Long before George R.R. Martin penned his tale of war, intrigue and treachery the ancient world was scene to its own version of The Game of Thrones.
(This is the seventh in a series concerning the Wars of the Diadochi. Part 1 can be read here, and includes comprehensive biographies of the players in this drama. It is strongly advised that you start there before reading on here. The previous installment, Part 6, can be found here . Stay tuned to this blog for future installments! Special thanks to Michael Park for his indispensable help in filling in the gaps in the sources and putting-up with my incessant questions!)
The First War of the Diadochi had begun. It pitted Perdiccas against an alliance of Antipater, Craterus, and Ptolemy.
In light of Ptolemy’s actions, seizing Alexander’s body and allying with his enemies in Europe, Perdiccas was forced to reassess his plans. Though he had at his command the Royal Army, and could defeat any other force brought against him by any coalition of satraps; he was now forced to fight on two fronts.
Moving into Europe as he’d planned, and declaring himself king, was out of the question. For one thing, his enemies Antipater and Craterus had a powerful fleet, commanded by White Cleitus; which could block passage across the Hellespont or (further east) at the Bosporus. Even were he to be able to bring a fleet from Phoenicia to aid in crossing into Europe, Craterus and Antipater were supremely skilled generals, with a large and experience army. They knew the land more intimately than did he (Perdiccas had not seen Macedon or Greece since 334, when he’d crossed into Asia with Alexander’s invasion force), and had long-established relations with (or garrisons in) most all of the Greek and Macedonian cities.
They could be expected to maneuver and delay a decisive encounter till it was in their favor; or to buy time while their ally, Ptolemy, sallied forth from Egypt and created chaos and disaffection deep in his rear. Ptolemy, left to his own devices to run amok throughout the empire, might even sway more-and-more satraps in the heart of the empire to rise against Perdiccas as well.
Perdiccas’ (in consultation with his Synhedrion Philoi, his Counsel of Friends) decided to let Antipater and Craterus come to him in Asia for now; while eliminating the weakest member of the coalition, Ptolemy. This made good strategic sense. Let the “Europeans” cross into Asia, which would take time; while he secured his rear and the empire’s heartland by destroying Ptolemy. Then, gathering to his side the eastern satraps, he could return to Anatolia to deal with his other enemies.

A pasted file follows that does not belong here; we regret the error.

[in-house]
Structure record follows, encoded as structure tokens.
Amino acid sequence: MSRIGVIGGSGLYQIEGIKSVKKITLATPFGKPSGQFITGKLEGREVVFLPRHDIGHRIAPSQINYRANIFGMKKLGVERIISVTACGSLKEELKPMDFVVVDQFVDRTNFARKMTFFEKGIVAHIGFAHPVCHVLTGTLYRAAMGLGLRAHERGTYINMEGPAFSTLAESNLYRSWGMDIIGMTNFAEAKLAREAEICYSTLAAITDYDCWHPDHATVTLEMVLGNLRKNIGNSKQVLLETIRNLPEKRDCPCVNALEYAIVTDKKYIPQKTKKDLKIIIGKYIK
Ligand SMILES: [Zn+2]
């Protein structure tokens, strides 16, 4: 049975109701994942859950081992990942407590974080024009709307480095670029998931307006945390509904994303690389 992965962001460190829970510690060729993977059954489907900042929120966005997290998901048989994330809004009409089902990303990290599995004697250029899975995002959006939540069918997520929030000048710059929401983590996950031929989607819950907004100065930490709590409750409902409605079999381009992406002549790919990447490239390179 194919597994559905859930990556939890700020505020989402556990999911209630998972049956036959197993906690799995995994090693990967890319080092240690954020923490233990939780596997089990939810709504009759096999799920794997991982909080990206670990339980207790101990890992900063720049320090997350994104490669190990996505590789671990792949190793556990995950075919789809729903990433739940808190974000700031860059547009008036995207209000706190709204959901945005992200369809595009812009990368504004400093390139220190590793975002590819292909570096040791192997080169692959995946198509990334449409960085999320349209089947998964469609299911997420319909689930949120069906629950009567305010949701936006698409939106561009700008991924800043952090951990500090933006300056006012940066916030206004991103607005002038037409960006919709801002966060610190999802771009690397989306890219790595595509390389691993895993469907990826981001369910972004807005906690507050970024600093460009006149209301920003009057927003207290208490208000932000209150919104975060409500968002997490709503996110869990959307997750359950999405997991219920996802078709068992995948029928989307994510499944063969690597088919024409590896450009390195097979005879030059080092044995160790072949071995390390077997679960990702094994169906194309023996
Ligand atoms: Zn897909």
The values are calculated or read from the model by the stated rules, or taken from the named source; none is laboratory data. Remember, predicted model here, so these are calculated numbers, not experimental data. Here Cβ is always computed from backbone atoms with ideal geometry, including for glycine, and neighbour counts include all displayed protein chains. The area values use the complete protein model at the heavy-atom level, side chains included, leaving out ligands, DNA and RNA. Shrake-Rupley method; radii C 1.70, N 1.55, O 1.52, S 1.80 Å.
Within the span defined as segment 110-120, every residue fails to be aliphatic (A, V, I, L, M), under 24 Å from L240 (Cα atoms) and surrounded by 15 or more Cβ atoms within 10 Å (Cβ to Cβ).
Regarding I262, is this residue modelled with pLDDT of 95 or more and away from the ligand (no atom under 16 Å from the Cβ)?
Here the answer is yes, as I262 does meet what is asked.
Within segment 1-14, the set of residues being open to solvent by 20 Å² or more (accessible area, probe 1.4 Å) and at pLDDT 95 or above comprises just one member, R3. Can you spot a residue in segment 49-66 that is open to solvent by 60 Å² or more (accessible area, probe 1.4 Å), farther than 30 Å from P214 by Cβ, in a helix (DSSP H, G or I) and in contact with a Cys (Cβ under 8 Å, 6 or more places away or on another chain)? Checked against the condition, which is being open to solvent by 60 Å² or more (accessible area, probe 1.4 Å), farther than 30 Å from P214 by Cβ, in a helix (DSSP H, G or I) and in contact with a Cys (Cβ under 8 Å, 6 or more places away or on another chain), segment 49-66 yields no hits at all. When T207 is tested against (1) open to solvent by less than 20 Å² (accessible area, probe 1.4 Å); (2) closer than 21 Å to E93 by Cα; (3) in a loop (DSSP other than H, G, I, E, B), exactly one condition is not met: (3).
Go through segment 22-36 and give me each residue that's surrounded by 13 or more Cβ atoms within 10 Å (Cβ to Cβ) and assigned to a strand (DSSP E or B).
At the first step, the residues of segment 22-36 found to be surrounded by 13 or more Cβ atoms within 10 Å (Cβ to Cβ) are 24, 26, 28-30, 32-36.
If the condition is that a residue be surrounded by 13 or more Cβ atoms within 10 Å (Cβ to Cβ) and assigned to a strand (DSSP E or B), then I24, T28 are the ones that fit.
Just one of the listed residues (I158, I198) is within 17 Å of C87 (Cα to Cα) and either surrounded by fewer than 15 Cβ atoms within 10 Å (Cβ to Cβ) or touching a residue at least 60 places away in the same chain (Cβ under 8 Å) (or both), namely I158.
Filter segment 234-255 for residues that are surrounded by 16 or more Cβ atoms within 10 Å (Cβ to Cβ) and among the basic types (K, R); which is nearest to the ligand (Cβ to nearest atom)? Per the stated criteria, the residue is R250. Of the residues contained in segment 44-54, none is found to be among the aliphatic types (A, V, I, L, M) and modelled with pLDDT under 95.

Meanwhile, to delay Antipater and Craterus he gave his loyal philos, Eumenes (partial author of most of the current discord) instructions to interfere with Antipater and Craterus’ crossing into Asia; and delay them if they did. The wily Greek, still in Sardis, was given authority over the satrapies that had belonged to Leonnatus and Antigonas (Hellespontine and Greater Phrygia), Asander (Caria), and Menander (Lydia). The first of these satraps was dead; the rest either unreliable or openly in rebellion. This commission gave Eumenes command over most of western Anatolia.
However, Eumenes forces were limited to a small (unknown) number of Macedonians and what he could raise locally, from his own newly conquered satrap of Cappadocia and the Antatolian satrapies loyal to Perdiccas. To help Eumenes maintain their position in Anatolia, Perdiccas further instructed his willful and hotheaded brother, Alcetas, satrap of Pisidia; and Neoptolemus (possibly satrap of Armenia, though that is uncertain) to obey Eumenes, and join their forces to his.
Perdiccas also opened negotiations with the Aetolians; in an attempt to open a second front for his enemies in western Greece. In this he was successful: the following year, they would break the peace they’d made with Antipater and invade Thessaly; overpowering a Macedonian garrison along the way at Amphissa.
PERDICCAS’ EGYPTIAN CAMPAIGN
In early spring of 320, the Royal Army marched first to Cilicia, where Perdiccas arranged the government; removing partisans of Craterus. While there he learned that the various petty-kings of the island of Cyprus had made alliance with Ptolemy, and were besieging the loyal town of Marium. He arranged an expedition to go over to Marium’s relief, and take over the island; comprised of 800 infantry and 500 horse. Sosigenes of Rhodes was appointed as admiral of the fleet of 200 Phoenician ships that would convey the force to Cyprus; Medius of Larissa (who’d been a friend of Alexander’s, and at whose drinking party the late king had first become ill) to command the mercenary foot; and Aristonus the Bodyguard (who we have not heard of since Babylon following the death of Alexander) over-all commander of the expedition.